Cheddar cheese and pesto add kick to fried green tomatoes

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From the August 2018 issue

friedgreentomatoes-AUG2018 Coastal Cuisine - Delaware Beach Life - Results from #3Patsy Rankin knows her vegetables, and not just because she is the chef and owner of Patsy’s Restaurant in Bethany Beach. For 20 years, Rankin was a vegetarian.

“I do eat meat and seafood now, but on many days, I’m all vegetarian,” says the Ocean View resident, whose restaurant opened its doors in 2000.

Rankin is in the right place then. At this time of year, tables at area farmers markets are laden with purple and white eggplants, cartons of green beans, sweet peppers and, of course, tomatoes.

With the popularity of heirloom varieties, tomatoes now come in an array of colors, from royal purple to fire engine red. At Patsy’s, however, it’s the unripe tomatoes that get the diners’ attention. The fried green tomato starter is a menu mainstay.

Light, refreshing ceviche beats the heat of standing over a stove

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From the July 2018 issue

July2018-recipe Coastal Cuisine - Delaware Beach Life - Results from #3By July, many home chefs dread standing over a hot stove, and the appeal of outdoor grilling has melted with the heat. Enter ceviche, seafood that “cooks” in citrus juice and is served cold. The dish is a favorite at Egg, a restaurant on the circle in Rehoboth Beach.
Owned by Missi Moore Postles, Egg bucks the norm when it comes to the expected breakfast and brunch offerings. The ceviche there — served with avocado toast — is one example. Another is The McQuay, which honors the building’s former owner, the late Butch McQuay, who ran the iconic McQuay’s Market there for many years.
The dish features barley sauteed with fresh spinach, roasted beets, carrots and panko-crusted goat cheese — all topped with a sunny-side-up egg and served on toast. Pair it with a breakfast margarita made with orange marmalade or a bloody mary garnished with sriracha-candied bacon.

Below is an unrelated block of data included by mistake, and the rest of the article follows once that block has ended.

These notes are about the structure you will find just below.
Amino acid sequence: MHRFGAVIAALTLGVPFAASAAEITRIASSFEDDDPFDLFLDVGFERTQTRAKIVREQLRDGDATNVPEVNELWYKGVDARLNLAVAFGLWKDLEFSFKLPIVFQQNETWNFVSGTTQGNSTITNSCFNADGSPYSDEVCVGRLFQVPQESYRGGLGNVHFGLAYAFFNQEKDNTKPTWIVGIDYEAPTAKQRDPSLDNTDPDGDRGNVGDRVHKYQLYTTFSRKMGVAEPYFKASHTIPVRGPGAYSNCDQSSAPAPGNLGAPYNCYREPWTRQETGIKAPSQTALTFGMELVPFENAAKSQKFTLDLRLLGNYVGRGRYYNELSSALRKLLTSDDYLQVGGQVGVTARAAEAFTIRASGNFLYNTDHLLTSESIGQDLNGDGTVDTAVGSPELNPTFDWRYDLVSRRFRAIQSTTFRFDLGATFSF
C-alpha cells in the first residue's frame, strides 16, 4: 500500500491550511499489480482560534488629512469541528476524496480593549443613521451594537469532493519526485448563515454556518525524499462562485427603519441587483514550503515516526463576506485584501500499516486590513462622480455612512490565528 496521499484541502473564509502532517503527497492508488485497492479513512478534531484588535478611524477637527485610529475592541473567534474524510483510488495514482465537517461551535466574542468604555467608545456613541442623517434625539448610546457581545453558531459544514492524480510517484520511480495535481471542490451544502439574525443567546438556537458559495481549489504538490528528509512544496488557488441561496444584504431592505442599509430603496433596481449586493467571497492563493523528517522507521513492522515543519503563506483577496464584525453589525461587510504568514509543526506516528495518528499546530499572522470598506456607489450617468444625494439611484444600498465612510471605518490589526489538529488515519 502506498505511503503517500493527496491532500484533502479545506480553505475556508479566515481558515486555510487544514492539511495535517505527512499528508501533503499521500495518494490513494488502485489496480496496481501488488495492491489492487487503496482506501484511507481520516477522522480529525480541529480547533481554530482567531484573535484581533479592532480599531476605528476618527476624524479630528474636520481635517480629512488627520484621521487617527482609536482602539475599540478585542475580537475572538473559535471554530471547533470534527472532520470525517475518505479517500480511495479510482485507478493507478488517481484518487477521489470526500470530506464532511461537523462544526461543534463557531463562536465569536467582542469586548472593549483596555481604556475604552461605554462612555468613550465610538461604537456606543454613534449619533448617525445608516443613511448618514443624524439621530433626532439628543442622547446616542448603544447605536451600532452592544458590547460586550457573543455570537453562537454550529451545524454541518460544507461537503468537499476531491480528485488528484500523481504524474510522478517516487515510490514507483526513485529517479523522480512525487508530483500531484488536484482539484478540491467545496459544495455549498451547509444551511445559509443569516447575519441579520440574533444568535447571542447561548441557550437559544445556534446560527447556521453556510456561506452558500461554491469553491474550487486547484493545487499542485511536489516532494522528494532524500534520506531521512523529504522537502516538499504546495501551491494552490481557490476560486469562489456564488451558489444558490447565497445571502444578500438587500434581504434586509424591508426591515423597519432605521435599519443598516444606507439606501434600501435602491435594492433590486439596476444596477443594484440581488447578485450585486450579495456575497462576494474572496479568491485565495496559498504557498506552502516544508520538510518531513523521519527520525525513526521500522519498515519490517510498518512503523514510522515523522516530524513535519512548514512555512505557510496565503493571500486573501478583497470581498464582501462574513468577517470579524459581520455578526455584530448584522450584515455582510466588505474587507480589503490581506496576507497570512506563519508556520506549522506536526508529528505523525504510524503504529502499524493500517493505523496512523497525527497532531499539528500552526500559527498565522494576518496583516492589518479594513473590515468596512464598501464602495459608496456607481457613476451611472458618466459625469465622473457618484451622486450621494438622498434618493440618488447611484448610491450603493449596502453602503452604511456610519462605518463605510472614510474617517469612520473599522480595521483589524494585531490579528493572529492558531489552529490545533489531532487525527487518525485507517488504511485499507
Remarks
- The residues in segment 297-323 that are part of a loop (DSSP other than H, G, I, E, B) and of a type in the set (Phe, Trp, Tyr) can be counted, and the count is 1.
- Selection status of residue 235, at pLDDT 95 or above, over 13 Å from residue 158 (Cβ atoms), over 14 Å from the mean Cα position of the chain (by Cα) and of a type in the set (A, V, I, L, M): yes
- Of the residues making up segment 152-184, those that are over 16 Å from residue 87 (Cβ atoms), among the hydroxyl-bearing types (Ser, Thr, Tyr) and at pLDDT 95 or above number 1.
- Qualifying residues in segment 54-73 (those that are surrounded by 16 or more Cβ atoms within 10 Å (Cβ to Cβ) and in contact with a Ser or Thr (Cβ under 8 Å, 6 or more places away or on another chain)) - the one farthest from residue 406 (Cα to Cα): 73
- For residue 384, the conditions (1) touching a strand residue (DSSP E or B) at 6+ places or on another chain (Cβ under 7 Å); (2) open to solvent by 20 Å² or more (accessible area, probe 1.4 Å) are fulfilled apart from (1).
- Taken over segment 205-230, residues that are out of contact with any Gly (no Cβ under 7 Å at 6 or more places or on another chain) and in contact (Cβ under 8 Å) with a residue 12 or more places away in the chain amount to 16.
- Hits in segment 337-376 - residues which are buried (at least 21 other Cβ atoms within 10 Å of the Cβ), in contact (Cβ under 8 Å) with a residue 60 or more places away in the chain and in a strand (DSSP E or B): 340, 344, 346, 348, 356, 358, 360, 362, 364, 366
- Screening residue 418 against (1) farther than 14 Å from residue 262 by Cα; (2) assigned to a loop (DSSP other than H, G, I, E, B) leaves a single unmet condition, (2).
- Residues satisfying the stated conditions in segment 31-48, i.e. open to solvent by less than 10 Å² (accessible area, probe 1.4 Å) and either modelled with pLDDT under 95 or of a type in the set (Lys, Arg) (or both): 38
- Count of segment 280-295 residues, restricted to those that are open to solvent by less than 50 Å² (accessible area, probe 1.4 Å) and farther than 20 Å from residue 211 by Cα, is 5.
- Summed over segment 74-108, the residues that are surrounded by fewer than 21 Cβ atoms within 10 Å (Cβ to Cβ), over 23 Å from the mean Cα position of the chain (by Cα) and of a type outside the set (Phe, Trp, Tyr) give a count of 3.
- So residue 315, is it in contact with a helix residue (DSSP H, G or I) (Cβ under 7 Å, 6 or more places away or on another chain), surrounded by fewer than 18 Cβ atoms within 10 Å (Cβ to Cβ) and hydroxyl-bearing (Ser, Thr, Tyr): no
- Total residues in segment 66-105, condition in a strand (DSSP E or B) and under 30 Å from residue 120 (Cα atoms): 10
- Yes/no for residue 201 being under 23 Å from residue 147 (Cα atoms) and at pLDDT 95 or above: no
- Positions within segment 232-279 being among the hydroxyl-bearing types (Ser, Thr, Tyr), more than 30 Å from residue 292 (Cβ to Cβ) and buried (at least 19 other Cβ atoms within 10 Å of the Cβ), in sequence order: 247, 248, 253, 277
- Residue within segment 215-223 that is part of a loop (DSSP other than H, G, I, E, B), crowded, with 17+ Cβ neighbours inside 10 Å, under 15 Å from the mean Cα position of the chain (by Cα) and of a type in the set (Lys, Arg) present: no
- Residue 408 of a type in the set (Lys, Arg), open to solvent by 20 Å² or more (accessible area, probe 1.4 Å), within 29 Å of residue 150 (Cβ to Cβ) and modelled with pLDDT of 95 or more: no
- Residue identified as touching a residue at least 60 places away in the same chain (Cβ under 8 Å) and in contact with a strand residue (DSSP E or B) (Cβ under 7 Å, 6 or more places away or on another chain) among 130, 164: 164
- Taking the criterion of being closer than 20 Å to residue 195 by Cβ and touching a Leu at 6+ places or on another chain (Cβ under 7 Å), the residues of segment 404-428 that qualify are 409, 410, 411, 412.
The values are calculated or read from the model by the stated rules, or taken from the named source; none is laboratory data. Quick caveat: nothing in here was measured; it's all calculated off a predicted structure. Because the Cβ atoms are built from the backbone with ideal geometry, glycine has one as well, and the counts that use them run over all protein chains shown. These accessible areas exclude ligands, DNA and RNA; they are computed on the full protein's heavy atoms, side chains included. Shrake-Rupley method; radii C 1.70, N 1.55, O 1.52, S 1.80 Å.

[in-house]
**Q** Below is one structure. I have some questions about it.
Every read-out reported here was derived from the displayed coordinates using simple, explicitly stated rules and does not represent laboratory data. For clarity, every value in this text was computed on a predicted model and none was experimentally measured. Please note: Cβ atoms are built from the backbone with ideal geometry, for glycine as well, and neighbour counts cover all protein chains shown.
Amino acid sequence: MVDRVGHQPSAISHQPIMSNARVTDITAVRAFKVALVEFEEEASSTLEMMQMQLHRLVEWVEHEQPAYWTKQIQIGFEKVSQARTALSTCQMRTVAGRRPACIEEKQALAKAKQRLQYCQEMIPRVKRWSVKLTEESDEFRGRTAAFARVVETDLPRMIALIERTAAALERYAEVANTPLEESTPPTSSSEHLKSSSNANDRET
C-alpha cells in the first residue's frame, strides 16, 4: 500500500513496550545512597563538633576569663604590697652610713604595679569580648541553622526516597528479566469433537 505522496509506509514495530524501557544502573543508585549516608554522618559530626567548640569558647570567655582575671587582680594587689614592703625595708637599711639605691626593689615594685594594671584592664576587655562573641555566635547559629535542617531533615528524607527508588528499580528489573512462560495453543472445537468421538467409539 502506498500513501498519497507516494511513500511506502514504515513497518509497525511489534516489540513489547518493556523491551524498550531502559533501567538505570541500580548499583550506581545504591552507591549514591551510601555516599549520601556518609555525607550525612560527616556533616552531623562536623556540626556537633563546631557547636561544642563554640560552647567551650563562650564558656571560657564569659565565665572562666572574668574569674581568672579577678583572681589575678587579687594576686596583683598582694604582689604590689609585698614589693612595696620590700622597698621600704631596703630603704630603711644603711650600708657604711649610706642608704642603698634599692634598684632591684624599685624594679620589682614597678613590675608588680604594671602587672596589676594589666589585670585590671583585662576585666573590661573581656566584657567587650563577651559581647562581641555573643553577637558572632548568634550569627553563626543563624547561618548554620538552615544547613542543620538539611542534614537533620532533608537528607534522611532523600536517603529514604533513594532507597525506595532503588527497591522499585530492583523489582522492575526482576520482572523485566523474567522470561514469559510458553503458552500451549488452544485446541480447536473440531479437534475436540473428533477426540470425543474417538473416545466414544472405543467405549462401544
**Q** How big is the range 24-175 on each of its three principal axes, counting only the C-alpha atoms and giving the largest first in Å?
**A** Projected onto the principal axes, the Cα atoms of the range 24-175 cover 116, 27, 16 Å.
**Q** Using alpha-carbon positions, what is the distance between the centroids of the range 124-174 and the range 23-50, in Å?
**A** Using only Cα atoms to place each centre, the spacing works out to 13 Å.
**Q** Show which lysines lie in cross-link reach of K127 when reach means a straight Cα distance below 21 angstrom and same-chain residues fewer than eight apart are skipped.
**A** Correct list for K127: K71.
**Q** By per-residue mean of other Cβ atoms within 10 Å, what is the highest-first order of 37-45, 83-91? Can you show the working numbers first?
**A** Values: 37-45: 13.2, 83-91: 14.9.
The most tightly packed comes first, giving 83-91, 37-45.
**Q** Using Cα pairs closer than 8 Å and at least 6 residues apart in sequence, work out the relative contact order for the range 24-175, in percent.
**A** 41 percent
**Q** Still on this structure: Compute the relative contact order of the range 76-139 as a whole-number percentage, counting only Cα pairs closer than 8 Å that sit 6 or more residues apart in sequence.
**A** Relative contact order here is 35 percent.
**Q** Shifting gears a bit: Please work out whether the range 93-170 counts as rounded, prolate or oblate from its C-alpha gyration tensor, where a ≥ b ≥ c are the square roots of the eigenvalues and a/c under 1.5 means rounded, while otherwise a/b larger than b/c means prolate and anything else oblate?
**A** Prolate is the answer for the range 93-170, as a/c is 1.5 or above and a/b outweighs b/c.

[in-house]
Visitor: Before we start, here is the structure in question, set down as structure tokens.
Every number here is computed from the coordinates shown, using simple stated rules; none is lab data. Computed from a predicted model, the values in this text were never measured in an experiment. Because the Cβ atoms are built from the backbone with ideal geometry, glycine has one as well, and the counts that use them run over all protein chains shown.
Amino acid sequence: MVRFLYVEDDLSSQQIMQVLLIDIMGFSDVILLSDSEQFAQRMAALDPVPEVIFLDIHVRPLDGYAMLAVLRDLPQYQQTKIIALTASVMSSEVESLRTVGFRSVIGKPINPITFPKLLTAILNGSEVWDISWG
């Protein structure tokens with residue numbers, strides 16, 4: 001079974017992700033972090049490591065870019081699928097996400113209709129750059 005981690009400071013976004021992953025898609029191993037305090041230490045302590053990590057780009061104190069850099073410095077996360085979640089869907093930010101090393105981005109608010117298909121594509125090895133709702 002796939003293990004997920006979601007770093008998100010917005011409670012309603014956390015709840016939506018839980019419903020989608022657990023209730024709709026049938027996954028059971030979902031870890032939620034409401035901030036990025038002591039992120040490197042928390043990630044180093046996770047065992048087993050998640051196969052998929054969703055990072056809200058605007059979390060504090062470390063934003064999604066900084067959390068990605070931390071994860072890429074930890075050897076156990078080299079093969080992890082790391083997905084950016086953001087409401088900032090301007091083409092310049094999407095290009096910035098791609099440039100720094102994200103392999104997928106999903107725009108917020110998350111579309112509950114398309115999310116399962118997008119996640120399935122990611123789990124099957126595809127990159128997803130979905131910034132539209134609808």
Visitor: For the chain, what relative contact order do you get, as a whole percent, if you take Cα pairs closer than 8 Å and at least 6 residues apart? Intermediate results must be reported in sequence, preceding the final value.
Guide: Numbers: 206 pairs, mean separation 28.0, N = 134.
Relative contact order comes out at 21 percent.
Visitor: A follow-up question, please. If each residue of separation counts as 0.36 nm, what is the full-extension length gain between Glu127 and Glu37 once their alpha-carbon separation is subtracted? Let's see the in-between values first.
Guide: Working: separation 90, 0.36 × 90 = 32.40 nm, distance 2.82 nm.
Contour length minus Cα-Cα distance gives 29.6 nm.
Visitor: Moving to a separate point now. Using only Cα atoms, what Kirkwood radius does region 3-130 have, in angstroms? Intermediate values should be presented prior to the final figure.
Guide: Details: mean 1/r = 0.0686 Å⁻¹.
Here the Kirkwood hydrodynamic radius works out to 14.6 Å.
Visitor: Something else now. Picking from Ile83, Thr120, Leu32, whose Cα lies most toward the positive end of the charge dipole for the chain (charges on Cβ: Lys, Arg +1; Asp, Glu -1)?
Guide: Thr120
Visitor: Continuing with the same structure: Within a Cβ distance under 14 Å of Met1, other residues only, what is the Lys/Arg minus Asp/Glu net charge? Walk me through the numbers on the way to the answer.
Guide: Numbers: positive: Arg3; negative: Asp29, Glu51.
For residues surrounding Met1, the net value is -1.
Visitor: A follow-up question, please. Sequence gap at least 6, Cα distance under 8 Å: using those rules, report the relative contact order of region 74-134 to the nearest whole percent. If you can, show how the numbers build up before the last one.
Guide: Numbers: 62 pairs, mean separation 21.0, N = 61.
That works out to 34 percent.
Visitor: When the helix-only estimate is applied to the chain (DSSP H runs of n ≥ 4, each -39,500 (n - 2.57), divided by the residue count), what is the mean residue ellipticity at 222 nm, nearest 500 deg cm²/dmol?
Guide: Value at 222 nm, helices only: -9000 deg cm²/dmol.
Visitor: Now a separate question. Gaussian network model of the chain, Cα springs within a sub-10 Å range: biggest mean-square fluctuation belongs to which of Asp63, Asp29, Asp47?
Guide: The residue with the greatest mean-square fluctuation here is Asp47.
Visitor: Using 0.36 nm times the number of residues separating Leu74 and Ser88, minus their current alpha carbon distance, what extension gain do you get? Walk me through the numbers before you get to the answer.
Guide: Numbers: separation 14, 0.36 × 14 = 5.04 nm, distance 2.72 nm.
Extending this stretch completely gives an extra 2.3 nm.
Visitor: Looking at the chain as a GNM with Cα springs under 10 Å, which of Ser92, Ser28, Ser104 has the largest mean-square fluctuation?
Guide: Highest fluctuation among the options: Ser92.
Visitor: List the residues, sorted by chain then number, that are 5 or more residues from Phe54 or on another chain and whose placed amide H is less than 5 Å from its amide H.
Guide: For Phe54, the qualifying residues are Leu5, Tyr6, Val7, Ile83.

Although brief, the local strawberry season is long on flavor

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From the May 2014 issue

StrawberrySalad Coastal Cuisine - Delaware Beach Life - Results from #3Thirty-four years ago, Patty Parsons married into a family with Sussex County roots. Not only did the Wilmington native need to get better acquainted with her downstate in-laws, but she was also introduced to an unfamiliar dish that appeared at most family get-togethers: strawberry-pretzel salad.

Although there are variations, the dish usually includes gelatin, whipped cream and cream cheese. “I thought it was dessert, and they thought it was a side dish,” recalls Parsons, who now lives in Millsboro. As a compromise, she puts it on a buffet so diners can choose when to spoon it on their plate. (At The Georgia House, which has locations in Selbyville, Millsboro and Milford, the dish is listed as a side and not a salad. “It’s very popular,” says general manager Kristal Hastings.)

Many recipes call for frozen strawberries, but when the season is ripe — from about the middle of May to mid-June — many opt for fresh. And no wonder. Nothing says summer like a fat strawberry, oozing juice and colored red all the way through.